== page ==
Freedom Betrayed--An Introduction 2
Nearly seventy years ago, during World War II, Hervert Hoover began to scribble the first words of waht was later to be called his "magnum opus." He did so in the shadow of three great disappointments: his inability to win the Republican presidential nomination in 1940; his failed crusade to keep the United States out of World War II; and his frustrated bid to become the Great Humanitarian in Europe for a second time. For twenty more years Hoover labored over this manuscript, even as his career continued to be extraordinarily rich in achievement and honors. At the end only one final accomplishment eluded him:publication of his magunum opus, Freedom Betrayed . Following Hoover's death in 1964, his heirs decided to plance his manuscript in storage where for nearlyhalf a century it has remained unread--until now.
In this book, perhapsthe most ambitious and systematic work of World War II revisionism ever attempted, Hoover offers his frank evaluation of President Roosevelt's foreign policies before Parl Harbor and during the war, as well as an examination of the war's conseauences, includingthe expansion of the Soviet empire at war's end and the eruption fo the Cold War against the Communists. Throughout the work, HOover raises critical questions, many of which are still under scrutiniy today: Did Franklin Roosevelt decietfully maneuver the United States into an undeclared and unconstitutional naval war with Germany in 1941? Did he unnecessarily appease Joseph Stalin at the pivotal Teheran conference in 1943? Was Roosevelt's wartime policy of "unconditional surrender" a blunder? Did Communist agents and sympathizers in the White House, Department of State, and Department of the Treasury play a malign role in some of America's wartime decisions?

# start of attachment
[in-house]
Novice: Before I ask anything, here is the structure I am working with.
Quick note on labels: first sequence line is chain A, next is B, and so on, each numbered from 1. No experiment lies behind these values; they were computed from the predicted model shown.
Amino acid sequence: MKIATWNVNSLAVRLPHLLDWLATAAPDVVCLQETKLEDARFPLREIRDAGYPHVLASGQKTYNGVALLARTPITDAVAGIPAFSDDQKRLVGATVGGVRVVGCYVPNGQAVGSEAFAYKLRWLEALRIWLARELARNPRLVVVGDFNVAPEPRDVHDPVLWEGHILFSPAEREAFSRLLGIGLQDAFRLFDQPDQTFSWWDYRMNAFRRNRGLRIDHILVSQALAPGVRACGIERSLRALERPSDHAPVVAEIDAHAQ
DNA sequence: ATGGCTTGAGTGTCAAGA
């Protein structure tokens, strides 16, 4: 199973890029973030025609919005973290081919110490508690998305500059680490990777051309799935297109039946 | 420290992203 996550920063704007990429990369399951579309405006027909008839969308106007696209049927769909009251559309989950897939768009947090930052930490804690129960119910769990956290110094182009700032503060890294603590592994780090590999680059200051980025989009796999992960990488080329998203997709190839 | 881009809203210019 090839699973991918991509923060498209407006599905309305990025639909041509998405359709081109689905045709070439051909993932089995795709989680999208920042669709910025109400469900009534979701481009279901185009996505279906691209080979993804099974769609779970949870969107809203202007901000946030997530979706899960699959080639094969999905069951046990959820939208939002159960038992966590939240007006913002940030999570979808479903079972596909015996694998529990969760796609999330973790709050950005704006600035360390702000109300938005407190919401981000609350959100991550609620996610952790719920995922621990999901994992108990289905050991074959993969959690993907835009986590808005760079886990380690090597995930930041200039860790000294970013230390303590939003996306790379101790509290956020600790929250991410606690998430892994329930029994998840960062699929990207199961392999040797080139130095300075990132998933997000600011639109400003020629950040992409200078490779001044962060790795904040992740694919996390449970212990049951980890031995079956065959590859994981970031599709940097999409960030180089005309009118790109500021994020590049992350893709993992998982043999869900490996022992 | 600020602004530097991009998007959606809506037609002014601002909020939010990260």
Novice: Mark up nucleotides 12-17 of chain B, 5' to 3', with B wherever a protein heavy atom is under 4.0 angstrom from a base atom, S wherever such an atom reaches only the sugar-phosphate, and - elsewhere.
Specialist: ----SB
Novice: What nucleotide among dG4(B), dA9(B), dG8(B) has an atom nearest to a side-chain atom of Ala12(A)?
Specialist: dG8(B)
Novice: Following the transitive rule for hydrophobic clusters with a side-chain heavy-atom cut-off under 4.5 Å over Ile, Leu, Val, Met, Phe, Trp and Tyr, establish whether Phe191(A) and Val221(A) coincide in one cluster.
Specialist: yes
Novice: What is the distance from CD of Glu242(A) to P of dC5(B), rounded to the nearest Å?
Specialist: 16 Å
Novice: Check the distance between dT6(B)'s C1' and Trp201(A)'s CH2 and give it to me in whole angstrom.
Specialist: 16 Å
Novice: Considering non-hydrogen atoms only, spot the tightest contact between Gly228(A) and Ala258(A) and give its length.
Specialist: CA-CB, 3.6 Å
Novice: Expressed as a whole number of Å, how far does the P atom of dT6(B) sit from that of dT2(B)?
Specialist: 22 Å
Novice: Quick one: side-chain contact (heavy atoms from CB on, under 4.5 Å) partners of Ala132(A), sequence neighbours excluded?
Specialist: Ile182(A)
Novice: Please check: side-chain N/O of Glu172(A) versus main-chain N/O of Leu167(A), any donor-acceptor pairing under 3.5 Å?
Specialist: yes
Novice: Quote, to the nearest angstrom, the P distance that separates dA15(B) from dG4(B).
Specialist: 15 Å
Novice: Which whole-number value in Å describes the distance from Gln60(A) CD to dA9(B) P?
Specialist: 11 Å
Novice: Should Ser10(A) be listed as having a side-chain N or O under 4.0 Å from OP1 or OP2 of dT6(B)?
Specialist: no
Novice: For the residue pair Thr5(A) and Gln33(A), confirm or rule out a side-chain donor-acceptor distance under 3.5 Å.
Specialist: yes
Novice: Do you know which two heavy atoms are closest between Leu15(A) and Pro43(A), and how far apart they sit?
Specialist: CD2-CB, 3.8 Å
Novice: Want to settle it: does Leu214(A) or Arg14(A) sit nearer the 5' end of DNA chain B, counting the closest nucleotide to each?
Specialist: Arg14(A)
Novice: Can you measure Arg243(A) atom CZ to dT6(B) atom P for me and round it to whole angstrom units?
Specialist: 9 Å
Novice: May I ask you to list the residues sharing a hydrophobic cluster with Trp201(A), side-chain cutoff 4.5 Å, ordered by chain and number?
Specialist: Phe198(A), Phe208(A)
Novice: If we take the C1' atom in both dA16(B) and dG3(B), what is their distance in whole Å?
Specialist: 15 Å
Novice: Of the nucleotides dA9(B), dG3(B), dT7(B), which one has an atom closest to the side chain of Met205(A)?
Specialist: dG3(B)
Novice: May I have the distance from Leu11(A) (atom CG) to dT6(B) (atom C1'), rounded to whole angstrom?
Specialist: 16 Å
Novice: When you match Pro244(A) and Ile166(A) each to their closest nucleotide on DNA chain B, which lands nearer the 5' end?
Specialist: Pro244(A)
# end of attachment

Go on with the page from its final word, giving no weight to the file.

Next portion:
On these and other controversies, Freedom Betrayed: Herbert Hoover's Secret History of the Second World War and Its Aftermath takes its stand.
Hoover's work reflets the foreign policy thinking not just of himself but of many American opinion makers during his lifetime and beyond. As such , it is a document with which we should be acquainted today. The intrinsic interest of Hoover's book remains strong, in part because it insistently raises issues--about decisions with whose consequences we still live.
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